Cormier House National Historic Site
Located at 1418 Pine Avenue West in Montréal, Cormier House is a spectacular example of an Art Deco residence. Distinguished by the composition of its main façade and the quality and opulence of its interior design, materials, and furnishings, it is a truly unique architectural ensemble in Canada. It reflects the aesthetic ideas of the 1930s and the design values of architect and engineer Ernest Cormier, who designed it for himself in 1930-31 and lived there until 1975. The house is also closely associated with former Prime Minister of Canada, the Right Honourable Pierre Elliott Trudeau, who purchased it in 1979 and, after leaving politics, made it his personal residence from 1984 to 2000.
The property is located in the Golden Square Mile, a residential neighbourhood in the western section of downtown Montréal. In the 1930s, the neighbourhood was losing its once prominent place in the city. A lack available space for development, the development of other parts of the city, and the economic crisis all affected the neighbourhood greatly. Within this social and economic context, Ernest Cormier undertook the construction of his residence in 1930-31.
The long, narrow lot beside the mountain inspired a non-traditional layout. The private quarters are located below ground instead of on the upper floors. The main façade facing Pine Avenue has all the characteristics of the Art Deco style with its two well-defined rectangular volumes of different proportions with flat roofs, with its vertical lines and with its stylized ornamentation. The home’s décor is also distinguished by the use of expensive and refined materials. Here you can find a mix of grand, modern, and traditional materials, for example, the home features marble, terrazzo, and cork floors.
The location chosen by Cormier was half-way between his office and the University of Montréal. Throughout his long career, he designed public buildings, mostly in Quebec and Ontario, his residence being the only known exception. For its design, he was inspired by largely European contemporary aesthetic ideas, but he gave the house a personal, original character in its layout, furnishings, and artwork. Some of the furnishings of the studio/living room came from his former studio on Saint Urbain Street; others were bought by Cormier in Montréal and Paris. He received a gold medal from the Royal Architectural Institute of Canada for this building.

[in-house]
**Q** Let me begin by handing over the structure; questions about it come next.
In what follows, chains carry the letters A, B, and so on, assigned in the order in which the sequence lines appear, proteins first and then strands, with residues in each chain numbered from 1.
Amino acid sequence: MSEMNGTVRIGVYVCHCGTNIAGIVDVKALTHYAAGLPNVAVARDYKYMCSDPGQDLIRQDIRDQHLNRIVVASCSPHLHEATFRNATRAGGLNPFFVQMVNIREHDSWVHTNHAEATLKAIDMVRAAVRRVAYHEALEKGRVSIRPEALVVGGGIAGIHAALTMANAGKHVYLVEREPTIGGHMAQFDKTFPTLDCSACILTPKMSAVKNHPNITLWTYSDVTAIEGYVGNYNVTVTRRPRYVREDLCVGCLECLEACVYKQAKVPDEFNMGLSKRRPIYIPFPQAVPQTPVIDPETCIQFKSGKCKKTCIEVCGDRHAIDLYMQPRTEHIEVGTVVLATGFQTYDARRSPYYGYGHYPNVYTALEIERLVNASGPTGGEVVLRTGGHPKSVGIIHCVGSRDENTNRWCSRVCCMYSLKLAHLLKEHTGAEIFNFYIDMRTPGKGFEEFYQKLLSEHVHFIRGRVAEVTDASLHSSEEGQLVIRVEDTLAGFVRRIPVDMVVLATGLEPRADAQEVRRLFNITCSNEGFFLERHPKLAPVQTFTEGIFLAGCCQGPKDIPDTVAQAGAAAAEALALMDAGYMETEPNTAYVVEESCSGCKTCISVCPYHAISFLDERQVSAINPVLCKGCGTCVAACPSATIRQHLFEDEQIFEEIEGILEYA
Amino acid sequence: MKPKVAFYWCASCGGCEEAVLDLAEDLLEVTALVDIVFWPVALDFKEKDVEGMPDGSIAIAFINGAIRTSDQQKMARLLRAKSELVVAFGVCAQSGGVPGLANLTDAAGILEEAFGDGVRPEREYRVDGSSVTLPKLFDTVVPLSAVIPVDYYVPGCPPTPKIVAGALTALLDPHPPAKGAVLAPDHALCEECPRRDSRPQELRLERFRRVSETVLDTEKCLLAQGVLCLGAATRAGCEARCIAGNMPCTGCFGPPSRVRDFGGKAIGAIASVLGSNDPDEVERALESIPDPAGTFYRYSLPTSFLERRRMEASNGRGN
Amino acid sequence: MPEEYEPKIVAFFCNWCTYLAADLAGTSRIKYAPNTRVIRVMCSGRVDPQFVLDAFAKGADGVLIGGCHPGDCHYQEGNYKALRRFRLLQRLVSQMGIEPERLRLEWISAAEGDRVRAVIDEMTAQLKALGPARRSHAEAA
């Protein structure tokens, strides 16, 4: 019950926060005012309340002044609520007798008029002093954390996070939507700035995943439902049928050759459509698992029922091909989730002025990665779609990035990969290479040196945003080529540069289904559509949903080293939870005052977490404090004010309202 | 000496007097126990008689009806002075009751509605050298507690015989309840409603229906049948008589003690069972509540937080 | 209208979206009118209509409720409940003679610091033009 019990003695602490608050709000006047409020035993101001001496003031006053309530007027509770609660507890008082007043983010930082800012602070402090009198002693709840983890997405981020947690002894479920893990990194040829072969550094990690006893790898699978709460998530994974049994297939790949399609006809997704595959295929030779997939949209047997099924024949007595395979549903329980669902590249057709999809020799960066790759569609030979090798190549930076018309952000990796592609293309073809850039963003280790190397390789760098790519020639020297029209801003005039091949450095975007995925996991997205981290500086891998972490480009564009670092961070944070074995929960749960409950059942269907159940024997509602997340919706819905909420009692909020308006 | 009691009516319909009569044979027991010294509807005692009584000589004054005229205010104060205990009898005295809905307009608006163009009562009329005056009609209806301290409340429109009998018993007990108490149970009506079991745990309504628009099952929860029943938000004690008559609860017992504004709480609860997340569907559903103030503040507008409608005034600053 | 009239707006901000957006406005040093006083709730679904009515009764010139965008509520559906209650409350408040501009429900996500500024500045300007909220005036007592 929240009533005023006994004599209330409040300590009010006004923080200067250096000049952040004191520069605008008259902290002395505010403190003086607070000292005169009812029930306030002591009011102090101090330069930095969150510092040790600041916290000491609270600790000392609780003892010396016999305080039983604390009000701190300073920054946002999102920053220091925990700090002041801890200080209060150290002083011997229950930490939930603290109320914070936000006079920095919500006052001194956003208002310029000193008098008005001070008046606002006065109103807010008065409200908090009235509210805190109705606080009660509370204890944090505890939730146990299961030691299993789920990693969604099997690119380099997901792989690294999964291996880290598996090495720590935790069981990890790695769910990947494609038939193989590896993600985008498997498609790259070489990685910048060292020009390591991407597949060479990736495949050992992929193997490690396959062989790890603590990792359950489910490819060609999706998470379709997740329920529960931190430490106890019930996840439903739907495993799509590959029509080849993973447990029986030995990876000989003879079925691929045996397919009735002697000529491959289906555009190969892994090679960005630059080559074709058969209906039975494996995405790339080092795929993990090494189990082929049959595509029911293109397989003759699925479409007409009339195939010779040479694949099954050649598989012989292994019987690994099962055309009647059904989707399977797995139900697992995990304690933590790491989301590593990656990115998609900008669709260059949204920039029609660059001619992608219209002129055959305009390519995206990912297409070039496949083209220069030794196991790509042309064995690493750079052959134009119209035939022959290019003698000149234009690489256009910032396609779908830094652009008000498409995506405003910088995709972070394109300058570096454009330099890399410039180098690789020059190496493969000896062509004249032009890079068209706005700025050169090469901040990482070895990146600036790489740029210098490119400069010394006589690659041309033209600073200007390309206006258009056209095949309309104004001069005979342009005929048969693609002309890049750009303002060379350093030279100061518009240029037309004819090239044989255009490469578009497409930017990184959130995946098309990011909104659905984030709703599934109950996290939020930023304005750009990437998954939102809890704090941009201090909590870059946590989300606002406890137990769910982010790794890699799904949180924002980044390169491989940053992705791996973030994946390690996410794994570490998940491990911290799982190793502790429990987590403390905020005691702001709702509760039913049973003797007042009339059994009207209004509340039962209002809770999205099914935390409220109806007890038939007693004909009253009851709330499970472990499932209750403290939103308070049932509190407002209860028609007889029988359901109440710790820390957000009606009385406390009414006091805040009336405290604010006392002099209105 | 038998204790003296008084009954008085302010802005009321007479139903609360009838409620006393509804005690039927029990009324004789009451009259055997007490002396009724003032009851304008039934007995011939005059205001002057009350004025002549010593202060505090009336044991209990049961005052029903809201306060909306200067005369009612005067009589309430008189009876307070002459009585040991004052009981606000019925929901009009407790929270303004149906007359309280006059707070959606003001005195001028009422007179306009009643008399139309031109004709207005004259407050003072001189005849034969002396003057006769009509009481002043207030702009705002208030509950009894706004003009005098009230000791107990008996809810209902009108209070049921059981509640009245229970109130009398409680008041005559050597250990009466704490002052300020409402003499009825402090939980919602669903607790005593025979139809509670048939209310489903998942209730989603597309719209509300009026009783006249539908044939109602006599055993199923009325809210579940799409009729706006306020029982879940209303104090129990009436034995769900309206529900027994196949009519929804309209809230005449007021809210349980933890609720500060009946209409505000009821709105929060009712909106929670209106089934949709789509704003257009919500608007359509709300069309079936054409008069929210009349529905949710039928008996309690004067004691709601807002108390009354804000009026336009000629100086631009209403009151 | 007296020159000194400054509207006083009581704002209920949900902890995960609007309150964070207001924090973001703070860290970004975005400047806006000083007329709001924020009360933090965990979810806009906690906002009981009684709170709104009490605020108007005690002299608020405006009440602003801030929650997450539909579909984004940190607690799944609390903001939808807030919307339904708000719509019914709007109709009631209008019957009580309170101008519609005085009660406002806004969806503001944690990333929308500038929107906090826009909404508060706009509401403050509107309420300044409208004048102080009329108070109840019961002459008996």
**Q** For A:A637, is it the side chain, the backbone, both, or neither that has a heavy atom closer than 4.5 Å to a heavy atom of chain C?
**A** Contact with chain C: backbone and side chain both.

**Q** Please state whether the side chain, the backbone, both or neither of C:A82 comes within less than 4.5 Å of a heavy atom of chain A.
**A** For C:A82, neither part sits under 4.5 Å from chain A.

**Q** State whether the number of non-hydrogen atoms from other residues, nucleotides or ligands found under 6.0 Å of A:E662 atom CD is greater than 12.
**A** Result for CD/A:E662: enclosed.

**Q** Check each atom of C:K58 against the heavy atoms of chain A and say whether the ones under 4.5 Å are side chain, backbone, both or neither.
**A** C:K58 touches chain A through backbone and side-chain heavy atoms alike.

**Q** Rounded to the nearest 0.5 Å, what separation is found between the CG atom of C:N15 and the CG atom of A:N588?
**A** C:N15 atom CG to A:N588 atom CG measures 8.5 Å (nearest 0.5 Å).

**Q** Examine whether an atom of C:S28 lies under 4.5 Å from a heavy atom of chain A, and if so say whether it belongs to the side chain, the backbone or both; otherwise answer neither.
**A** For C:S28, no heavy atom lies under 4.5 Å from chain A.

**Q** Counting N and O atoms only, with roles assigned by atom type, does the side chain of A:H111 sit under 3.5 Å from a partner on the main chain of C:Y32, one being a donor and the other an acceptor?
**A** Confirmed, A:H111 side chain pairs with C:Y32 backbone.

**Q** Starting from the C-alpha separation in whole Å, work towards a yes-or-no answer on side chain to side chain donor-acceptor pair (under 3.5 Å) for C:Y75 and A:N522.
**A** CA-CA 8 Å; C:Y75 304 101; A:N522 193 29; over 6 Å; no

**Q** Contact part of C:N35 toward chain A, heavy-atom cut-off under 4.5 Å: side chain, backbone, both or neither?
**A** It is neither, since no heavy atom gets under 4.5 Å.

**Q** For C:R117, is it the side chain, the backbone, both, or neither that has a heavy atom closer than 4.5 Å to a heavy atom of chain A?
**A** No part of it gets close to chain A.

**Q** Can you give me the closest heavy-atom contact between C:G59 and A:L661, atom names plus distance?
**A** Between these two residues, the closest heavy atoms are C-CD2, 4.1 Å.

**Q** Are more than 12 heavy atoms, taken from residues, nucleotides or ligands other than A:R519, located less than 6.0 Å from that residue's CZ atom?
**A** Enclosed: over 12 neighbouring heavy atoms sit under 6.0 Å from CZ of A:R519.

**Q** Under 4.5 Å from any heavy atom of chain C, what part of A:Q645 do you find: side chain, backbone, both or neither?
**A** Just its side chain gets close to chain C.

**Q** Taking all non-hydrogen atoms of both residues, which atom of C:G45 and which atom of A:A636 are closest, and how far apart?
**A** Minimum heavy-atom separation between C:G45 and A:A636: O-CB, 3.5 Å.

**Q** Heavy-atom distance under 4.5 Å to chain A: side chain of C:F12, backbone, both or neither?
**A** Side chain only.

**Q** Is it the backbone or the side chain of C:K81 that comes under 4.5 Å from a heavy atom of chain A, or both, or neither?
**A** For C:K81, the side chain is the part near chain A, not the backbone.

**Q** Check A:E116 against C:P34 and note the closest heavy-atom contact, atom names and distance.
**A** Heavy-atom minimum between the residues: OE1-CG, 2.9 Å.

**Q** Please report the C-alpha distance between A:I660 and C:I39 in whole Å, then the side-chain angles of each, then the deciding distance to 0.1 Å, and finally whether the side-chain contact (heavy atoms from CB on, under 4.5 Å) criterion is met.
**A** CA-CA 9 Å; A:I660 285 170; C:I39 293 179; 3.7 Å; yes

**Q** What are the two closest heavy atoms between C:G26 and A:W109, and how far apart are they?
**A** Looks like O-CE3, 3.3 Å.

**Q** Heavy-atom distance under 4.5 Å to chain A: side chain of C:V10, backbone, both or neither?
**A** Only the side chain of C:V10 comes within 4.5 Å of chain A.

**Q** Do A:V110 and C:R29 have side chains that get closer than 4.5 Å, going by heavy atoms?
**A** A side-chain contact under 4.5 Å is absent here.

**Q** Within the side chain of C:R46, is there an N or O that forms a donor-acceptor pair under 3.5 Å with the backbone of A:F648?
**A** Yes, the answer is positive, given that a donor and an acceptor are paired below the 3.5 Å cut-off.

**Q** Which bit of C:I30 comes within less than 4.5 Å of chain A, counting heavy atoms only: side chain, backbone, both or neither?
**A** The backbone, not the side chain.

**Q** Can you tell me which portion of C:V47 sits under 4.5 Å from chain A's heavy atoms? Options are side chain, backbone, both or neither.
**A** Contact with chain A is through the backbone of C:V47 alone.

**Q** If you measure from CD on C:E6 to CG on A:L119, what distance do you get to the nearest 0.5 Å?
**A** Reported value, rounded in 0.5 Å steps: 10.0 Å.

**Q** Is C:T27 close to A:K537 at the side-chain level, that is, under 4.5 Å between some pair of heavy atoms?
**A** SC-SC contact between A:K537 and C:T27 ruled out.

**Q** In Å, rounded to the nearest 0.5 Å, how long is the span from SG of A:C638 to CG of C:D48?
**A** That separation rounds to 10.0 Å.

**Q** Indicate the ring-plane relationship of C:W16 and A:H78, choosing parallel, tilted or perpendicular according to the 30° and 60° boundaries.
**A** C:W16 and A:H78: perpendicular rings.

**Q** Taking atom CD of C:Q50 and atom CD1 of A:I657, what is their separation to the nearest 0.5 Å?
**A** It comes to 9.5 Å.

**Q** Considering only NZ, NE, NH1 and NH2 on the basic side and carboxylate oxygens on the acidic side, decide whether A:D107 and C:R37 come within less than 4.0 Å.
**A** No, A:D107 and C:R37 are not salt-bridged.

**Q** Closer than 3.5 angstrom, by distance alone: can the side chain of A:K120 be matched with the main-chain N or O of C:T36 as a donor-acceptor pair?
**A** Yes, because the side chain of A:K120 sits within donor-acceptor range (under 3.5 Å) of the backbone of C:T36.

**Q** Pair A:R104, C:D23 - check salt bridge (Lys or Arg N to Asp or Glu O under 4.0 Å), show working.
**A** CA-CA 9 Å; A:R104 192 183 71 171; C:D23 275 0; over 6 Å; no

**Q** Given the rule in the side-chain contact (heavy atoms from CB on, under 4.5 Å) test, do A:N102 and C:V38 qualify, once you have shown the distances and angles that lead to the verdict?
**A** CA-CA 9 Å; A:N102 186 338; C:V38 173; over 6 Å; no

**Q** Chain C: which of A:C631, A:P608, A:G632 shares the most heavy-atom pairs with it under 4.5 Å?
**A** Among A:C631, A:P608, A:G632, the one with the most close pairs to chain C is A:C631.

In 1979, the Right Honourable Pierre Elliott Trudeau acquired Cormier House. He renovated it in 1981, added an indoor swimming pool at the end of the lot in 1983, then in 1984 he moved in after leaving active political life. Here, he focused on his law career and his family, living in the house until his death in 2000. The house is therefore closely connected to a more personal and private stage of the former Prime Minister’s life.
The National Program of Historical Commemoration relies on the participation of Canadians in the identification of places, events and persons of national historic significance. Any member of the public can nominate a topic for consideration by the Historic Sites and Monuments Board of Canada.
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